東大過去問 2019年 第5問(総合)

/ 4月 2, 2020/ 東大過去問, 第5問(総合), 過去問/ 0 comments




Gavin Pretor-Pinney decided to take a break. It was the summer of 2003, and for the last 10 years, in addition to his graphic-design business in London, he and a friend had been running a magazine called The Idler. This title suggests “literature for the lazy.” It argues against busyness and careerism and for the value of aimlessness, of letting the imagination quietly run free. Pretor-Pinney anticipated all the jokes: that (A)he’d burned out running a magazine devoted to doing nothing, and so on. But it was true. Getting the magazine out was tiring, and after a decade, it seemed appropriate to stop for a while and live without a plan — to be an idler himself in a positive sense and make space for fresh ideas. So he exchanged his apartment in London for one in Rome, where every thing would be new and anything could happen.
Pretor-Pinney is 47, tall and warm, with a grey beard and pale blue eyes. His face is often bright, as if he’s being told a story and can feel some terrific surprise coming. He stayed in Rome for seven months and love it, especially all the religious art. One thing he noticed: the paintings he encountered were crowded with clouds. They were everywhere, he told me recently, “these soft clouds, like the sofas of the saints.” But outside, when Pretor-Pinney looked up, the real Roman sky was usually cloudless. He wasn’t accustomed to such endless, blue emptiness. He was an Englishman; he was accustomed to clouds. He remembered, as a child, being charmed by them and deciding that people must climb long ladders to harvest cotton from them. Now, in Rome, he couldn’t stop thinking about clouds. “I found myself ( ア27 ) them, “ he told me.
Clouds. They were a strange obsession, perhaps even a silly one, but he didn’t resist it. He went with it, as he often does, despite not having a specific goal or even a general direction in mind; he likes to see where things go. When Pretor-Pinney returned to London, he talked about clouds constantly. He walked around ( ア28 ) them, learned their scientific names, like “stratocumulus,” and the weather conditions that shape them and argued with friends who complained they were gloomy or dull. He was realizing, as he later put it, that “clouds are not something to complain about. They are, in fact, the most dynamic and poetic aspect of nature.”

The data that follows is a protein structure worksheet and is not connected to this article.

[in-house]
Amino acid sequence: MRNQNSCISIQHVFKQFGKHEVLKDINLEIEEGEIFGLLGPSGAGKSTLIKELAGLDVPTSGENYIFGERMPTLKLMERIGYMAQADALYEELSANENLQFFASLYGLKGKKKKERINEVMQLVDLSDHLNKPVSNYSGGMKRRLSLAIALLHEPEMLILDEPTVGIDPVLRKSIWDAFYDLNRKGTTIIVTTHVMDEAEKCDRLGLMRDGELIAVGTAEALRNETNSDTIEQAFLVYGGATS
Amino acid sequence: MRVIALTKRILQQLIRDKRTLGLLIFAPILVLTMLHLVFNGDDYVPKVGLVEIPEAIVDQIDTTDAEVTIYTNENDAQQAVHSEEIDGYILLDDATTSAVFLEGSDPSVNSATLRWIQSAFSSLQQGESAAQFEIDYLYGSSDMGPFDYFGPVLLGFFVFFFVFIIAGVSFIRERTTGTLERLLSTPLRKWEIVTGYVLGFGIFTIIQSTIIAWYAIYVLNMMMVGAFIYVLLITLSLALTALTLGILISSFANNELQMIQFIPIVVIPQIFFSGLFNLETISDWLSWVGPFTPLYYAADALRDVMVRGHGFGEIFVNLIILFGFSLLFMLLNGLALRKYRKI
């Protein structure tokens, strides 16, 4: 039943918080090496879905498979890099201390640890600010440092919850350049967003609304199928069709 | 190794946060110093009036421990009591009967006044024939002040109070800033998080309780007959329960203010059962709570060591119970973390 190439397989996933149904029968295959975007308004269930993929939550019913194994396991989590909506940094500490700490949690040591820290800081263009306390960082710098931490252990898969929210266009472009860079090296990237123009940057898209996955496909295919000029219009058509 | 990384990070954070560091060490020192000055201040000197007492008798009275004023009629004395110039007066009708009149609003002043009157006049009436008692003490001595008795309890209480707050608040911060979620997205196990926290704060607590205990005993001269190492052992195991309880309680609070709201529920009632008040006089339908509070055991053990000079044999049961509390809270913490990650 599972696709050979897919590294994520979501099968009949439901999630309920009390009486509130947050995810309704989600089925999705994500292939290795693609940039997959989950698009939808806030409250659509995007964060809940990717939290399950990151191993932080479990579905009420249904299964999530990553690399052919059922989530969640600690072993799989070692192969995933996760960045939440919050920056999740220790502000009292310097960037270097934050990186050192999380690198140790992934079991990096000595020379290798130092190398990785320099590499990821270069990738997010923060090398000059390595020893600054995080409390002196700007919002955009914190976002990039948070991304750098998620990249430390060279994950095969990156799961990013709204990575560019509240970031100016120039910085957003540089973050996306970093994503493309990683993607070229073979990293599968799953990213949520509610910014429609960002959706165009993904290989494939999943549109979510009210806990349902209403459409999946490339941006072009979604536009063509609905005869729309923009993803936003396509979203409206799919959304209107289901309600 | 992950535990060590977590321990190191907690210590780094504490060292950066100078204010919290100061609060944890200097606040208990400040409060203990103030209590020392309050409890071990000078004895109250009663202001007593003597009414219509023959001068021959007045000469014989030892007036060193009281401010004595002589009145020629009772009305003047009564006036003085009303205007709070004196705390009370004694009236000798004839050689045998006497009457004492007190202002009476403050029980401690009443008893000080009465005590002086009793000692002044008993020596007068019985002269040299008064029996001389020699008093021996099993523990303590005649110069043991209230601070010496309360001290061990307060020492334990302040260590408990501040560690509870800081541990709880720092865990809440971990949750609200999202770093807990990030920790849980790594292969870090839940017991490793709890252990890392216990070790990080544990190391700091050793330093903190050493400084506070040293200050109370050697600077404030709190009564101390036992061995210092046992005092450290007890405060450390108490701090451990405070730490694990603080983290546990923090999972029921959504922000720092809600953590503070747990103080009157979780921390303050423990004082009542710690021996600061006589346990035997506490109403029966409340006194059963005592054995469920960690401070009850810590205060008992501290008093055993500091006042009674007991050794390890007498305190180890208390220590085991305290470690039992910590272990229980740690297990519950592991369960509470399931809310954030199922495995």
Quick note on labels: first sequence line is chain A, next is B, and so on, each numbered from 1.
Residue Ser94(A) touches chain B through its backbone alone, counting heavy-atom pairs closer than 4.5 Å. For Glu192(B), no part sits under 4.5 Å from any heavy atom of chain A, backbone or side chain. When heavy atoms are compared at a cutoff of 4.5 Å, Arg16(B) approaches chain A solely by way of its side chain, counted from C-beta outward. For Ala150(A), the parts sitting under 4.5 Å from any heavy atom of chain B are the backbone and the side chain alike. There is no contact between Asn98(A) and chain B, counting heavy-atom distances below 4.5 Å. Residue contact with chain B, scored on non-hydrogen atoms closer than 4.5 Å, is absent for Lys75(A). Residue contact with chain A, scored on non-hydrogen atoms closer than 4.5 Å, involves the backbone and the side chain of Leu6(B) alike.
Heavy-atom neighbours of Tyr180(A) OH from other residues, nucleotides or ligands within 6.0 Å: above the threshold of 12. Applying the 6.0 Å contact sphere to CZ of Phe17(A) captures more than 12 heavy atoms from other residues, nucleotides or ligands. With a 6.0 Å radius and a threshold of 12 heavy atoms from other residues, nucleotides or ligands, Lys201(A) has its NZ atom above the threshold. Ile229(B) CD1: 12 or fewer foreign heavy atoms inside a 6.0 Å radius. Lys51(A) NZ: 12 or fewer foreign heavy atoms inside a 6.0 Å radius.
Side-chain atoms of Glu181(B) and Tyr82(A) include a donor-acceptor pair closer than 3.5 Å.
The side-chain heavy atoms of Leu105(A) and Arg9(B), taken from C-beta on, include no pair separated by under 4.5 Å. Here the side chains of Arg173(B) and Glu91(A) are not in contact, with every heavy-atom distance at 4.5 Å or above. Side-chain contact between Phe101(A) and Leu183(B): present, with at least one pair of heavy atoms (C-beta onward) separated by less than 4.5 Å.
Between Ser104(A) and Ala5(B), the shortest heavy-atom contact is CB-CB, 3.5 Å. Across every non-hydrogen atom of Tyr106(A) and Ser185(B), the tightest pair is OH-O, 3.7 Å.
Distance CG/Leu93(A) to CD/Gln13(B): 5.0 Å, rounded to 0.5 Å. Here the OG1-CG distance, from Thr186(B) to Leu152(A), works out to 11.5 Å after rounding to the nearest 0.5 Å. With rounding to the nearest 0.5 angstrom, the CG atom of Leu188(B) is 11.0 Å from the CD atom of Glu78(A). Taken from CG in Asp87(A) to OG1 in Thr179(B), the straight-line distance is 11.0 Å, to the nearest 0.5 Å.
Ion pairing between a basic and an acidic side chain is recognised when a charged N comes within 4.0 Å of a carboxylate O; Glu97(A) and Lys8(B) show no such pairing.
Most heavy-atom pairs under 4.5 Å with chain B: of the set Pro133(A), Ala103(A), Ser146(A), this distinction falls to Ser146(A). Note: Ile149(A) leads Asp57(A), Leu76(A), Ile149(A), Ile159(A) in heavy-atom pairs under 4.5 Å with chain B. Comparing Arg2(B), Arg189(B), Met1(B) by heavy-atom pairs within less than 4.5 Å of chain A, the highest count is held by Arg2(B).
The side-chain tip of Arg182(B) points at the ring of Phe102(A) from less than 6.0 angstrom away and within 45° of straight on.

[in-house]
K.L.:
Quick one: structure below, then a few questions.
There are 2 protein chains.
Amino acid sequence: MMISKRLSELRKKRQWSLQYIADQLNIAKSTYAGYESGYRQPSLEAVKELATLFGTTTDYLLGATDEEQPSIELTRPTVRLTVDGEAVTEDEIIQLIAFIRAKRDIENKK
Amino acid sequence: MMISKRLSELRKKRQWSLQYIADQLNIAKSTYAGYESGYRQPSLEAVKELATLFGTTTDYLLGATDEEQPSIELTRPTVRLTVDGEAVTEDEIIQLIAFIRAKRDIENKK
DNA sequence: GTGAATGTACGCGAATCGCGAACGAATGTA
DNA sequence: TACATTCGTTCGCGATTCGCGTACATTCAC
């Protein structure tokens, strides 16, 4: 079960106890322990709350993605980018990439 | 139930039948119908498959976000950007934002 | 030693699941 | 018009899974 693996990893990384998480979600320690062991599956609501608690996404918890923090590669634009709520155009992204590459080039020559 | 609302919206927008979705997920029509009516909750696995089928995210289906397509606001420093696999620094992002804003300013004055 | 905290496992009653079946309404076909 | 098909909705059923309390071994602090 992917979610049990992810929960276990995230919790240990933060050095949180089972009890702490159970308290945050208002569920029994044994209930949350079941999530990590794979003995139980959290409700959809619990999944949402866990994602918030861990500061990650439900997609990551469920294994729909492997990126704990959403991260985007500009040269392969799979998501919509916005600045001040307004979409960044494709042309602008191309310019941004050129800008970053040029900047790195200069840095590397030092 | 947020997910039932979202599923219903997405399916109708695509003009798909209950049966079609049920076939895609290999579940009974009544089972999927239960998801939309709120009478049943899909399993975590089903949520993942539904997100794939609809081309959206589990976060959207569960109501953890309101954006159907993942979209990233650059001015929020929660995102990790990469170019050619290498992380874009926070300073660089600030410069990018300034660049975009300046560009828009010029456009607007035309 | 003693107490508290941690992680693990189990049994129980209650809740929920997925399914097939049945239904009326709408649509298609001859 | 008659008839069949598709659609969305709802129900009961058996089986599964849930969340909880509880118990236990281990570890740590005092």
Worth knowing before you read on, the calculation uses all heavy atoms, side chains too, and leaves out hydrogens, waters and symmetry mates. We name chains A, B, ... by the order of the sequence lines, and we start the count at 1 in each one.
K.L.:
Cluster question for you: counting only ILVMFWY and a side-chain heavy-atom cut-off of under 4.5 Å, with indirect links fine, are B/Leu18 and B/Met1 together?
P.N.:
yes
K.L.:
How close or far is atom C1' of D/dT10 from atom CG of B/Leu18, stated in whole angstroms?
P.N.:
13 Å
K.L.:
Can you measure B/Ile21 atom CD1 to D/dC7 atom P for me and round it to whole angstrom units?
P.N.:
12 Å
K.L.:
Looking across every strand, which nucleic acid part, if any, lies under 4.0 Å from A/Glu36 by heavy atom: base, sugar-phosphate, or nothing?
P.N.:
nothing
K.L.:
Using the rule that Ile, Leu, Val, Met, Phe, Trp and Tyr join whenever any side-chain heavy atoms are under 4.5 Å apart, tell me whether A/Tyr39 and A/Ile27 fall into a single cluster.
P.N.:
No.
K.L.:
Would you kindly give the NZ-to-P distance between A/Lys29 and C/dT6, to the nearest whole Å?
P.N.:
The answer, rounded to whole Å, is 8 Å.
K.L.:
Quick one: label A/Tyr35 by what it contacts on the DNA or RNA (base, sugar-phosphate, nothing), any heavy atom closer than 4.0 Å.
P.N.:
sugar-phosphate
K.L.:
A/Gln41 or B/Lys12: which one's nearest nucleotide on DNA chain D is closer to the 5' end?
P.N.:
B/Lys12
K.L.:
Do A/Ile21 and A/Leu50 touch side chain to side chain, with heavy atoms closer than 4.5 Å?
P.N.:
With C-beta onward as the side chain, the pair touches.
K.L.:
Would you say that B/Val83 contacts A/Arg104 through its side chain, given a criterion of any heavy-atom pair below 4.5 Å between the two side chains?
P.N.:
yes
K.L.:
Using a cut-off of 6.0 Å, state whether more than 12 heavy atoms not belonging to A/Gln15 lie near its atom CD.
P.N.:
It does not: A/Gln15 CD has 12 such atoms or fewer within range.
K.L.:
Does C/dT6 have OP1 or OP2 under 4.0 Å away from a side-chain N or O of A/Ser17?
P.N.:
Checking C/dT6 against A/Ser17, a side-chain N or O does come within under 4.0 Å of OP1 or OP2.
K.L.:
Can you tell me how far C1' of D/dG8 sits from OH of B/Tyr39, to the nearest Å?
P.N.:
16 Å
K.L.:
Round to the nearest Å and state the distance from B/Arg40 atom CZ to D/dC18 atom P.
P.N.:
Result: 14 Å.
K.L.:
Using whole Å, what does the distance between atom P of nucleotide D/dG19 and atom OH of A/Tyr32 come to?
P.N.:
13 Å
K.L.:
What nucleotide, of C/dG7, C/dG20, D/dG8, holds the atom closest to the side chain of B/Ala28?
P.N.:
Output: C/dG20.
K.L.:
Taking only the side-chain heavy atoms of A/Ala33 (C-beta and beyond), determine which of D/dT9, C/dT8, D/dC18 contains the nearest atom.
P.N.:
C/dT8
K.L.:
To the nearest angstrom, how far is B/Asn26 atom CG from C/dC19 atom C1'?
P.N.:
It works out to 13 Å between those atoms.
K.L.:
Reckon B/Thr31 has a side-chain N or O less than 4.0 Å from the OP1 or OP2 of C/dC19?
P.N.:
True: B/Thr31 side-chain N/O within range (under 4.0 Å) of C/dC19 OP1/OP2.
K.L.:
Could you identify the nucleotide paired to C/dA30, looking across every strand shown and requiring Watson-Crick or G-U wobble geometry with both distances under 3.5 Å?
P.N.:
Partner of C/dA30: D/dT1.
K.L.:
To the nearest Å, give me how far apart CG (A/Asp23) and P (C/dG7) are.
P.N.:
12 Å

Slowing down to appreciate clouds enriched his life and sharpened his ability to appreciate other pockets of beauty ( ア29 ) in plain sight. At the same time, Pretor-Pinney couldn’t help noting, (B)we were entering an era in which we were losing a sense of wonder. New,  supposedly amazing things bounced around the internet so quickly that, as he put it, we can now all walk around with an attitude like, “Well, I’ve just seen a panda doing something unusual online — what’s going to amaze me now?” His passion for clouds was teaching him that “it’s much better for our souls to realize we can be amazed and delighted by what’s around us.”
At the end of 2004, a friend invited Pretor-Pinney to give a talk about clouds at a small literary festival in South West England. The previous year, there were more speakers than people in the audience, so Pretor-Pinney wanted an interesting title for his talk, to draw a crowd. “Wouldn’t it be funny,” he thought, “to have a society that defends clouds against the bad reputation they get — that stands up for clouds?” So he called it “The First Annual Lecture of the Cloud Appreciation Society.” And it worked. Standing room only! Afterward, people came up to him and asked for more information about the Cloud Appreciation Society. They wanted to join the society. “And I had to tell them, well, I haven’t  really got a society,” Pretor-Pinney said. So he set about ( ア30 )one.